Image quality versus Vision quality is probably a touchy subject for most of us.   I’ve been struggling with it for years and I have to say without some technical understanding of the photographic equipment your using, it’s limitations as well as its capabilities and some understanding of the light you see; you will still not be able to achieve what you want in a photograph.  Having said that, without a clear understanding of your vision and what you are trying to say in your photograph; knowing the technical side of your equipment won’t help you get the image you want.  No matter how great your gear is and how well you know it, your camera can’t tell the story.

Since the late 1990’s when digital imaging came onto the scene, digital photography, specifically digital cameras have changed so much and so fast, that keeping up with the technology has become, for many, the main focus rather than photography as a creative art.

When shopping for a camera you hear terms like “Pro-Level”, “Pro-consumer-Level”, Consumer-Level” and “Point & Shoot” cameras.  How these cameras are defined changes so fast that you have to wonder if, by definition, they are what they say they are;  when Canon and Nikon first came out with their dSLR’s they were considered to be a “Pro-Level” digital camera.  Today some of the smallest, least expensive Point & Shoot cameras have way more technical power than the original Canon and Nikon dSLR’s dreamed of having.  I don’t remember exactly, but I think Nikon was quite proud of their dSLR being a 2 megapixel camera.  Whoa!  So by that standard does one of today’s Point & Shoot cameras become a professional camera.  I don’t think so.  But can you make an amazing, interesting and story telling photograph with it.  Yes.

Even cell phones with their built in cameras are capable of making pretty decent images.  Professional level super sharp, lots of dynamic range, no.  But can they tell a good story; capture an interesting moment; yes.  Todays digital media has us looking at cell phone video and images nearly everywhere you cast your gaze.

Many of todays photographers on the myriad of photo sharing web sites are more interested in the type of camera and which lens was used, how it was processed and what software was used; rather than enjoying the photograph for the interest that it holds, or the story that it tells.  Something like having an extraordinary meal and asking the chef for the types of cookware he used to create the dish.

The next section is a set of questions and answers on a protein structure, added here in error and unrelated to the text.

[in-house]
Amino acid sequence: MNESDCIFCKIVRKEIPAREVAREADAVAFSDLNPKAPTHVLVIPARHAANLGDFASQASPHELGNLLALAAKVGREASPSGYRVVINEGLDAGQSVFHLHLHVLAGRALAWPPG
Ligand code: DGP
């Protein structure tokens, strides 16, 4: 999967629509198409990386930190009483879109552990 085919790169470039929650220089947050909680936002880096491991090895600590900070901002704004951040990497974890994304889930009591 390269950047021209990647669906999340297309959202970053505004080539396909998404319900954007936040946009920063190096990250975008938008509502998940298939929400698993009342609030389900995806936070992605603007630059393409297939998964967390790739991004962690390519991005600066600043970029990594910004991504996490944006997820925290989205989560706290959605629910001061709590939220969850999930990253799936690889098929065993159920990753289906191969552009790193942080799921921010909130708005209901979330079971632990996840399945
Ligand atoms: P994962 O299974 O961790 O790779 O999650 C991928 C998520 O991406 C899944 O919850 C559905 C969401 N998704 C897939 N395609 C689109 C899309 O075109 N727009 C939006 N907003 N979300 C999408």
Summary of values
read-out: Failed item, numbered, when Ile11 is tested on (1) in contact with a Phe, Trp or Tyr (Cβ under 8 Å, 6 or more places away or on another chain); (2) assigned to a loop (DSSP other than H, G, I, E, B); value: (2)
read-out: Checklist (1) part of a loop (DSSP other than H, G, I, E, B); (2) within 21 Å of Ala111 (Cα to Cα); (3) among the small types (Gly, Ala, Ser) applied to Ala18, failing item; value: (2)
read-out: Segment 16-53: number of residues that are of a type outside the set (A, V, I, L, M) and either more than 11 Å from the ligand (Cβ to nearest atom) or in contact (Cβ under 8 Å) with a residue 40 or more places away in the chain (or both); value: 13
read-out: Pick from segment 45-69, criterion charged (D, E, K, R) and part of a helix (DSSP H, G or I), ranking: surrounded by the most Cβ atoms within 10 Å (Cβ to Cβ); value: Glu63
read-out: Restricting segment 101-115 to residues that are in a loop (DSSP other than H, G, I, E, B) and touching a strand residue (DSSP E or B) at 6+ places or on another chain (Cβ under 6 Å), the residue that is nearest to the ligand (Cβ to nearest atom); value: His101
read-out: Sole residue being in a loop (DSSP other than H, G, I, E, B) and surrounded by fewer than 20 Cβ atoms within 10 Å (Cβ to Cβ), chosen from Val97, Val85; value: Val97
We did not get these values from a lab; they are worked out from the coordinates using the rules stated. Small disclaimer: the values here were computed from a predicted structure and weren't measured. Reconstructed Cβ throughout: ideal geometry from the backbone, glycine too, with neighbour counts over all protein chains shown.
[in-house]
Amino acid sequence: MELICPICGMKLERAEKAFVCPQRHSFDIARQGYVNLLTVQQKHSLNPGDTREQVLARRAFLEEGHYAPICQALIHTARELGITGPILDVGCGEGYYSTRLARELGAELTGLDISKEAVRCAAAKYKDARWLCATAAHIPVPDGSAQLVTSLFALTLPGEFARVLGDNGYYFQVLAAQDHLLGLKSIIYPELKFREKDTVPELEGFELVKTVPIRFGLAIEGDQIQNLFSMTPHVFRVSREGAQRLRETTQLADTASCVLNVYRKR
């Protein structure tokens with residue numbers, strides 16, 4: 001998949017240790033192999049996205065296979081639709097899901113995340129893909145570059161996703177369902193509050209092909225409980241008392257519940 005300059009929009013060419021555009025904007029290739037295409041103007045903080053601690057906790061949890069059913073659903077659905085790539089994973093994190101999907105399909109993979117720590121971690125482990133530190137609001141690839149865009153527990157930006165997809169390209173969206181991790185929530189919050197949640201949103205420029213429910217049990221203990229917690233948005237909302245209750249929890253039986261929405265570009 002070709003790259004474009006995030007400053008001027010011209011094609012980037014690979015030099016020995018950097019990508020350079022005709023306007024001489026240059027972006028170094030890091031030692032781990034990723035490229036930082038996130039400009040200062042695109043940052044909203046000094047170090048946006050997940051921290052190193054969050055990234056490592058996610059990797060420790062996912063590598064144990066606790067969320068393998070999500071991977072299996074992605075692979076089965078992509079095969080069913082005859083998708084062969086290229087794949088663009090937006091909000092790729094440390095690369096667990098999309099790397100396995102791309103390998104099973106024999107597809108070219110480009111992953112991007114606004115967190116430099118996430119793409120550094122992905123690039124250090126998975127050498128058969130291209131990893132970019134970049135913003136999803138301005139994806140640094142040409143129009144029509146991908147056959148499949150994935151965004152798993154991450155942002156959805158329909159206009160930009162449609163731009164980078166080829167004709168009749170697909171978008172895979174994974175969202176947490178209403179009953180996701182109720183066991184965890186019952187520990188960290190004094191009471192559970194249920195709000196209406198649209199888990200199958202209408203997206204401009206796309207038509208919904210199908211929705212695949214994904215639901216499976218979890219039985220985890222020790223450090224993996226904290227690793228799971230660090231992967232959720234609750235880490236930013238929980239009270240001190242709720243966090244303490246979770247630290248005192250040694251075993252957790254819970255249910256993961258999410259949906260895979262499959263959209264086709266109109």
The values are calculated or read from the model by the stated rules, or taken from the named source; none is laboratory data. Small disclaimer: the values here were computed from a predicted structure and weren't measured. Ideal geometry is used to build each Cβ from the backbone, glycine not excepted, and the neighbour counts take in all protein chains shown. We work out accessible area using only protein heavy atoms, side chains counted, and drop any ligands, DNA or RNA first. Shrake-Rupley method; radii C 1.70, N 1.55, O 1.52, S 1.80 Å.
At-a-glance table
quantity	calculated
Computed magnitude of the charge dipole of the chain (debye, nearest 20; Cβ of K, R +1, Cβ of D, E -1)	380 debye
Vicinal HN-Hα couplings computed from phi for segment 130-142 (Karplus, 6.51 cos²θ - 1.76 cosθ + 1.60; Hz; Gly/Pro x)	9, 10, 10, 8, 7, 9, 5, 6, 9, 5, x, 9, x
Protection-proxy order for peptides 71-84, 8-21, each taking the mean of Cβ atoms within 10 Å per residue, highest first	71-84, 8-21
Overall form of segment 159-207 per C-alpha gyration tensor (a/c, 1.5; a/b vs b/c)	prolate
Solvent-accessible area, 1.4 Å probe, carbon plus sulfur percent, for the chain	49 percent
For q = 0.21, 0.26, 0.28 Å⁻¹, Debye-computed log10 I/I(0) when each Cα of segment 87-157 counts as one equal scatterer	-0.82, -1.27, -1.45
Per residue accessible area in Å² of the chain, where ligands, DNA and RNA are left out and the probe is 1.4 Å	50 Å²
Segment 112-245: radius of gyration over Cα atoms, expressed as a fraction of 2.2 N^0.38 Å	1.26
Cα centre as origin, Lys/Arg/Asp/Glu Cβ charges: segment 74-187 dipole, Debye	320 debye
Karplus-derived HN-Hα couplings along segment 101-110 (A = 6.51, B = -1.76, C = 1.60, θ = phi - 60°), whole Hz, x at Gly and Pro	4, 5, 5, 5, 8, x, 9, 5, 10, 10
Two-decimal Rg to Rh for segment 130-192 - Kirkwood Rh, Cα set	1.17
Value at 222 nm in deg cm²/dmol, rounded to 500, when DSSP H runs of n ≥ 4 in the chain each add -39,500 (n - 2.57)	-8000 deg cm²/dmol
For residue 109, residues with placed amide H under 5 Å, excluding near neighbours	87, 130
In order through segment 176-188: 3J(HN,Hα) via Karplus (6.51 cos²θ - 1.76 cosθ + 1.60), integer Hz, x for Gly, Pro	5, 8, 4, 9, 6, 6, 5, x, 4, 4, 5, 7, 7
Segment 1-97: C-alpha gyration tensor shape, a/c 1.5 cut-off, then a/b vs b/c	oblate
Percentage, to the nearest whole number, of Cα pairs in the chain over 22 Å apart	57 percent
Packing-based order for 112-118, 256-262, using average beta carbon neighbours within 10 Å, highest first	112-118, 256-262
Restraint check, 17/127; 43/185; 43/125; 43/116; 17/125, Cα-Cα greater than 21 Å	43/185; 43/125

My struggle is and always has been to take a good picture that captures a moment.  The shot that tells a little story, and has some interest for a viewer and most importantly; that means something to me.  Use your technical skill to master your camera but use your camera to master the moments.  When you take a family vacation, don’t pack the camera for when you get there; wear the camera while you’re packing.  Begin telling the story when the story begins and on a family vacation that’s when the packing starts.  Wear your camera everywhere, shopping, dinner out with friends, a walk; you’ll be surprised to find stories everywhere you and your camera go.

So the point I’ve been drilling home to myself is that bigger sensors and more megapixels don’t tell meaningful and interesting stories.  They do capture moments, they do have great dynamic range; however without a vision of your own, and an understanding of what that vision is,  it just doest seem necessary to keep chasing a bigger, newer, better camera.  And for me, smaller is better.  I like having my camera with me everywhere and one of the big dSLR’s just didn’t work for me anymore.

Instead of developing super huge, super sharp images; perhaps develop a vision and tell a story.  Maybe we don’t need the biggest and best; just an eye, some time and a desire to tell a story in a captured moment.

Thanks for reading.
Tom